[SciPy-user] help with precision for big numbers

Damian Eads eads@soe.ucsc....
Tue May 13 04:32:33 CDT 2008

Hi Johann,

First off, the first part of the expression s=... yields two different 
answers, depending whether you cast Toff to a float or not.

In [1]: 1.+Toff/Ton
Out[1]: 17.0

In [2]: 1.+float(Toff)/Ton
Out[2]: 17.666666666666668

Which is the desired behavior for your problem?

The limit of precision of floating point numbers in native Python is 
32-bit. Numpy defines extra scalar types and you will find most of the 
ones supported by your machine in the numpy package. np.float64 will 
give you 64-bit precision. There is a np.float96 for 96-bit floats but 
I've never used it before.


Johann Cohen-Tanugi wrote:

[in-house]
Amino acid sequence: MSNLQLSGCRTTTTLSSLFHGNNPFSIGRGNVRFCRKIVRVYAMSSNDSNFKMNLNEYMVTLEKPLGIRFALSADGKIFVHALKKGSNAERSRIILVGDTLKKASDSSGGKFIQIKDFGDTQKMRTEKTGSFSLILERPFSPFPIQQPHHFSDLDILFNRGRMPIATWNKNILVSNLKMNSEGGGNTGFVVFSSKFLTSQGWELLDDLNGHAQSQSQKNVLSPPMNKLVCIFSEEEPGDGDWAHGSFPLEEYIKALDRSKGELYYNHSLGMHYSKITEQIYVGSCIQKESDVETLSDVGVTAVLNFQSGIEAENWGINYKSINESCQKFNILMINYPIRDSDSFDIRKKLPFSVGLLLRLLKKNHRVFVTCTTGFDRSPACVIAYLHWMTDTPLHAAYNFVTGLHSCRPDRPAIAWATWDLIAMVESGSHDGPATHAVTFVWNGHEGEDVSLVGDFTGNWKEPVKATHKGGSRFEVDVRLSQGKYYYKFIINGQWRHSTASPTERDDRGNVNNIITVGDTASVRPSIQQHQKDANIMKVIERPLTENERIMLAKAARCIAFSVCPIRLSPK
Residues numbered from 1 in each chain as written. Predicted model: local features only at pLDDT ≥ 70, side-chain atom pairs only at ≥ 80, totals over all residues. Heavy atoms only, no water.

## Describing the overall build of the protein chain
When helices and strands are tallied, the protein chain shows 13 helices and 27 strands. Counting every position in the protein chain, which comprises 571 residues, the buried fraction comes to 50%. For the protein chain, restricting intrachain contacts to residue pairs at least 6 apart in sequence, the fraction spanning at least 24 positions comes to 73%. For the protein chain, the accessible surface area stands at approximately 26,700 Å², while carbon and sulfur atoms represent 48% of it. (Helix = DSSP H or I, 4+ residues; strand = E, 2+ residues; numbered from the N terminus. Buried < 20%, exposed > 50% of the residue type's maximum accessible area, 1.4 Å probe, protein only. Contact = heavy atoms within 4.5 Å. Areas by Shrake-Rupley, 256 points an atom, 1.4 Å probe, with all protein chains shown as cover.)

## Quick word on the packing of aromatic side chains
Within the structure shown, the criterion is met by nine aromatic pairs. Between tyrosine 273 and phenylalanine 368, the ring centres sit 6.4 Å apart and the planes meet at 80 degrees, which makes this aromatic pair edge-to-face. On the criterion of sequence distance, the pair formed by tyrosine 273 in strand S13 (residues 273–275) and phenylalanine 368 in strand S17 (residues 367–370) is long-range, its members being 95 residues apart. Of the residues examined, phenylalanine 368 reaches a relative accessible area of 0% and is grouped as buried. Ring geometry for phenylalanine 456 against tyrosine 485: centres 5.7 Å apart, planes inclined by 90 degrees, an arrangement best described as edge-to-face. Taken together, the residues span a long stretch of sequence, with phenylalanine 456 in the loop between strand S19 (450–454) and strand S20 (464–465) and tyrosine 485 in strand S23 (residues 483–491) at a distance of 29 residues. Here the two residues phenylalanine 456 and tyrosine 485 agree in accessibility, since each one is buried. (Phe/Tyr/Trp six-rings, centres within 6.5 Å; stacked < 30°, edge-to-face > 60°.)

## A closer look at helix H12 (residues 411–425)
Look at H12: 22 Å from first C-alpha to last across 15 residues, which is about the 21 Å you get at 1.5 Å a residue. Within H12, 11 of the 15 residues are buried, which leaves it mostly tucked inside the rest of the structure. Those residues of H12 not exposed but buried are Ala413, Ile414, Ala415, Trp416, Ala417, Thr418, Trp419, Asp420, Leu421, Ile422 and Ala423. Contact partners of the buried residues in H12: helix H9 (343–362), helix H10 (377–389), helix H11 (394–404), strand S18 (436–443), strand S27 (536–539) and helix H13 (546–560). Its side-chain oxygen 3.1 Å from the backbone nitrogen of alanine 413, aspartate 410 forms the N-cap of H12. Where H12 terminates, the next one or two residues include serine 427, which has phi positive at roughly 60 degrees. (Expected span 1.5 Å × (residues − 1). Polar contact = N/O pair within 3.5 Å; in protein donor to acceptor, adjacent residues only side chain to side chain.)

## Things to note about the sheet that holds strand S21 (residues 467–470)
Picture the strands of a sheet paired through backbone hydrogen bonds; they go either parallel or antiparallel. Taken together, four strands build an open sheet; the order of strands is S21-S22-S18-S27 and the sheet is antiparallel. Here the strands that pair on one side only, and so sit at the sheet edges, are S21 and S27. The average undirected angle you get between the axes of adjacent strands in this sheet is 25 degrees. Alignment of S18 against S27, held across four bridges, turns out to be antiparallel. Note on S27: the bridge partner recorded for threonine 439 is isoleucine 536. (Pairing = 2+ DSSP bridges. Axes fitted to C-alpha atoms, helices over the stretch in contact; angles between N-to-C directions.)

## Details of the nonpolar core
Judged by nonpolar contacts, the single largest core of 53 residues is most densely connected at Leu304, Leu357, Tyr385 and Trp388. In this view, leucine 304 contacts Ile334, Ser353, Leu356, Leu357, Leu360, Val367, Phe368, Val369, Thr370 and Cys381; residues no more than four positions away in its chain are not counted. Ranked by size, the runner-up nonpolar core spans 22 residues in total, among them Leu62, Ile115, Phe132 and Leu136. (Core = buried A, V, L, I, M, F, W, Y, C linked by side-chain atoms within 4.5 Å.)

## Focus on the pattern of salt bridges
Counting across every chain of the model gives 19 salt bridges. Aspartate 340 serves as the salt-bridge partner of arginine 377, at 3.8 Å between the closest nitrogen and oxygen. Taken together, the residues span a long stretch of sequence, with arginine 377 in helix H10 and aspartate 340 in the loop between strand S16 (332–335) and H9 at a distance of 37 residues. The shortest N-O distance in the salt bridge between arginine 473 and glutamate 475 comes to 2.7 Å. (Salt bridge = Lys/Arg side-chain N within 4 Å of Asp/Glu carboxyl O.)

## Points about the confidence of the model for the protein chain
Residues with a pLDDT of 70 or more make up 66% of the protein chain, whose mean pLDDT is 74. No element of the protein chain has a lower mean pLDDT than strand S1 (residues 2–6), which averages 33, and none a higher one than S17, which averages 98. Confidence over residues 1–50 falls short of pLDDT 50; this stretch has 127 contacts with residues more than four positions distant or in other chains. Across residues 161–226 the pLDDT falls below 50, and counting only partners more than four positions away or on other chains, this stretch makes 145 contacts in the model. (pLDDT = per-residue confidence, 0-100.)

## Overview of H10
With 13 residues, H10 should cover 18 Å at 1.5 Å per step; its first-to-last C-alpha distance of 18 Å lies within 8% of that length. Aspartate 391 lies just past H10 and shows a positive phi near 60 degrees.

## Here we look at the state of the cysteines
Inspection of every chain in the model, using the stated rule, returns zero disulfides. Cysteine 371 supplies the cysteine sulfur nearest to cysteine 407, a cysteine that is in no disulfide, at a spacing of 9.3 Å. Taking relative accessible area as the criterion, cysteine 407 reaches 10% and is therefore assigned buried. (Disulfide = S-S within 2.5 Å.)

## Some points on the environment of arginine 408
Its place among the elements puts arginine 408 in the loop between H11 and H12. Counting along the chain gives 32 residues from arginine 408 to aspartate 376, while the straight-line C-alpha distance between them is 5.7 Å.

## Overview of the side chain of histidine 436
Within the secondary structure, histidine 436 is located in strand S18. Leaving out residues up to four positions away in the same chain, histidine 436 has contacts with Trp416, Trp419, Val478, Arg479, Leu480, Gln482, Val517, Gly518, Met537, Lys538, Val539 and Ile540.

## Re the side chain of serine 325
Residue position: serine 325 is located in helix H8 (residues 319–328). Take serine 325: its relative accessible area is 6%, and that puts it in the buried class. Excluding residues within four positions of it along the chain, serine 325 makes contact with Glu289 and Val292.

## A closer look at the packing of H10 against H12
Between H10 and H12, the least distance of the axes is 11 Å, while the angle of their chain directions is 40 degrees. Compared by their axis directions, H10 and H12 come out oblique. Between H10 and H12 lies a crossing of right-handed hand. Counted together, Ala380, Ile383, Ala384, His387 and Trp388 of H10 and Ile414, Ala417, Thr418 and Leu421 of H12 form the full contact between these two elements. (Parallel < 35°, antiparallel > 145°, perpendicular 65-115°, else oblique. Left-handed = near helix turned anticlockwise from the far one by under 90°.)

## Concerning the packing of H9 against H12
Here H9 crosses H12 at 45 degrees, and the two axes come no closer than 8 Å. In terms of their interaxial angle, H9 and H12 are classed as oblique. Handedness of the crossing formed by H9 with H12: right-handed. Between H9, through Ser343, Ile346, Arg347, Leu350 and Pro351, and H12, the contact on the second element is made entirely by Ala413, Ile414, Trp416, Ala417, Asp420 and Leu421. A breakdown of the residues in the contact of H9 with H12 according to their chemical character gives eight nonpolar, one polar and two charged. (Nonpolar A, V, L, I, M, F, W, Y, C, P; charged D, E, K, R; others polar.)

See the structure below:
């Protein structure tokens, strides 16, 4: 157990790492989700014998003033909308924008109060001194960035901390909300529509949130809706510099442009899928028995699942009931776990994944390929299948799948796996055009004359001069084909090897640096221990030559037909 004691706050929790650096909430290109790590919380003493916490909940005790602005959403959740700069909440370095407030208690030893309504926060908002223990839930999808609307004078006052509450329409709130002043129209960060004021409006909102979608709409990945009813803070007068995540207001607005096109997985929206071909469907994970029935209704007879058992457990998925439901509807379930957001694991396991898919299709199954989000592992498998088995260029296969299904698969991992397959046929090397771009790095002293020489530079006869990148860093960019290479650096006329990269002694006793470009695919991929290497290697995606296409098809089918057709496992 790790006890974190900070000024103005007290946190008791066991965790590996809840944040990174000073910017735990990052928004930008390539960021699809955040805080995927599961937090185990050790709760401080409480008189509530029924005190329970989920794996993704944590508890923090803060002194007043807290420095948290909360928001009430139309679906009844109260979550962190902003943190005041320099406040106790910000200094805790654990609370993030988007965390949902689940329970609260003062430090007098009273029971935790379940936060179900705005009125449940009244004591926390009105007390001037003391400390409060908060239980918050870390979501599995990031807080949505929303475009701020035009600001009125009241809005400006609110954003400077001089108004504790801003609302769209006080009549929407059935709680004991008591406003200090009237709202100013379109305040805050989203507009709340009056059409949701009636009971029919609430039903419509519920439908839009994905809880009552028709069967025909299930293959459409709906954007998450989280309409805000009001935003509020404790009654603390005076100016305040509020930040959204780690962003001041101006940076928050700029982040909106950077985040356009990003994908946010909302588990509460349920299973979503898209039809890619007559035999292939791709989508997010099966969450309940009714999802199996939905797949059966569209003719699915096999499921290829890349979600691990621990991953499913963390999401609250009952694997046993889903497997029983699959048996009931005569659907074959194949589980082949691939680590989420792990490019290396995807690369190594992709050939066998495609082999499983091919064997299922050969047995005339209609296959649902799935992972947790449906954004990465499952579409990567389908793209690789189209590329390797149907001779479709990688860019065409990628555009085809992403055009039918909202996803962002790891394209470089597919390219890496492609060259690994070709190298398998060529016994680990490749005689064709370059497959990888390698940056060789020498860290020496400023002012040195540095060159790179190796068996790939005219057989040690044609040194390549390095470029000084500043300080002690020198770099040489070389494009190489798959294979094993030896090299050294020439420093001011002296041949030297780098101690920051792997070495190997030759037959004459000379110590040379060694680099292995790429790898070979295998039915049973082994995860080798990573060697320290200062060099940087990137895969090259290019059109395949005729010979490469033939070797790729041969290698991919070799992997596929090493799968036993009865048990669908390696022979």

> Hello,
> I am computing :
> In [22]: for i in range(6):
>     s=(1.+Toff/Ton)**i*sp.factorial(Non+Noff-i)/sp.factorial(Non-i)
>     print "%.14g"%s
>    ....:    
>    ....:    
> 4.3585218122217e+42
> 9.7493251062853e+42
> 1.7917678573714e+43
> 2.5383377979428e+43
> 2.4658138608587e+43
> 1.2329069304293e+43
> A colleague using GSL and C code with double precision and long double ( 
> I am not sure whether he has a 64bit machine) obtained the following 
> values :
> 4.3585218122216e+42
> 1.0131651581042e+43
> 1.9350541758386e+43
> 2.8488297588735e+43
> 2.8759614708627e+43
> 1.4943721368208e+43
> Close but not identical...... I was wondering if there is a way to 
> increase numerical accuracy within scipy, assuming the standard behavior 
> is not optimal with this respect. Or any other thoughts about these 
> discrepancies? Or some nifty tricks to recover lost precision by 
> organizing the computation differently?
> thanks in advance,
> Johann
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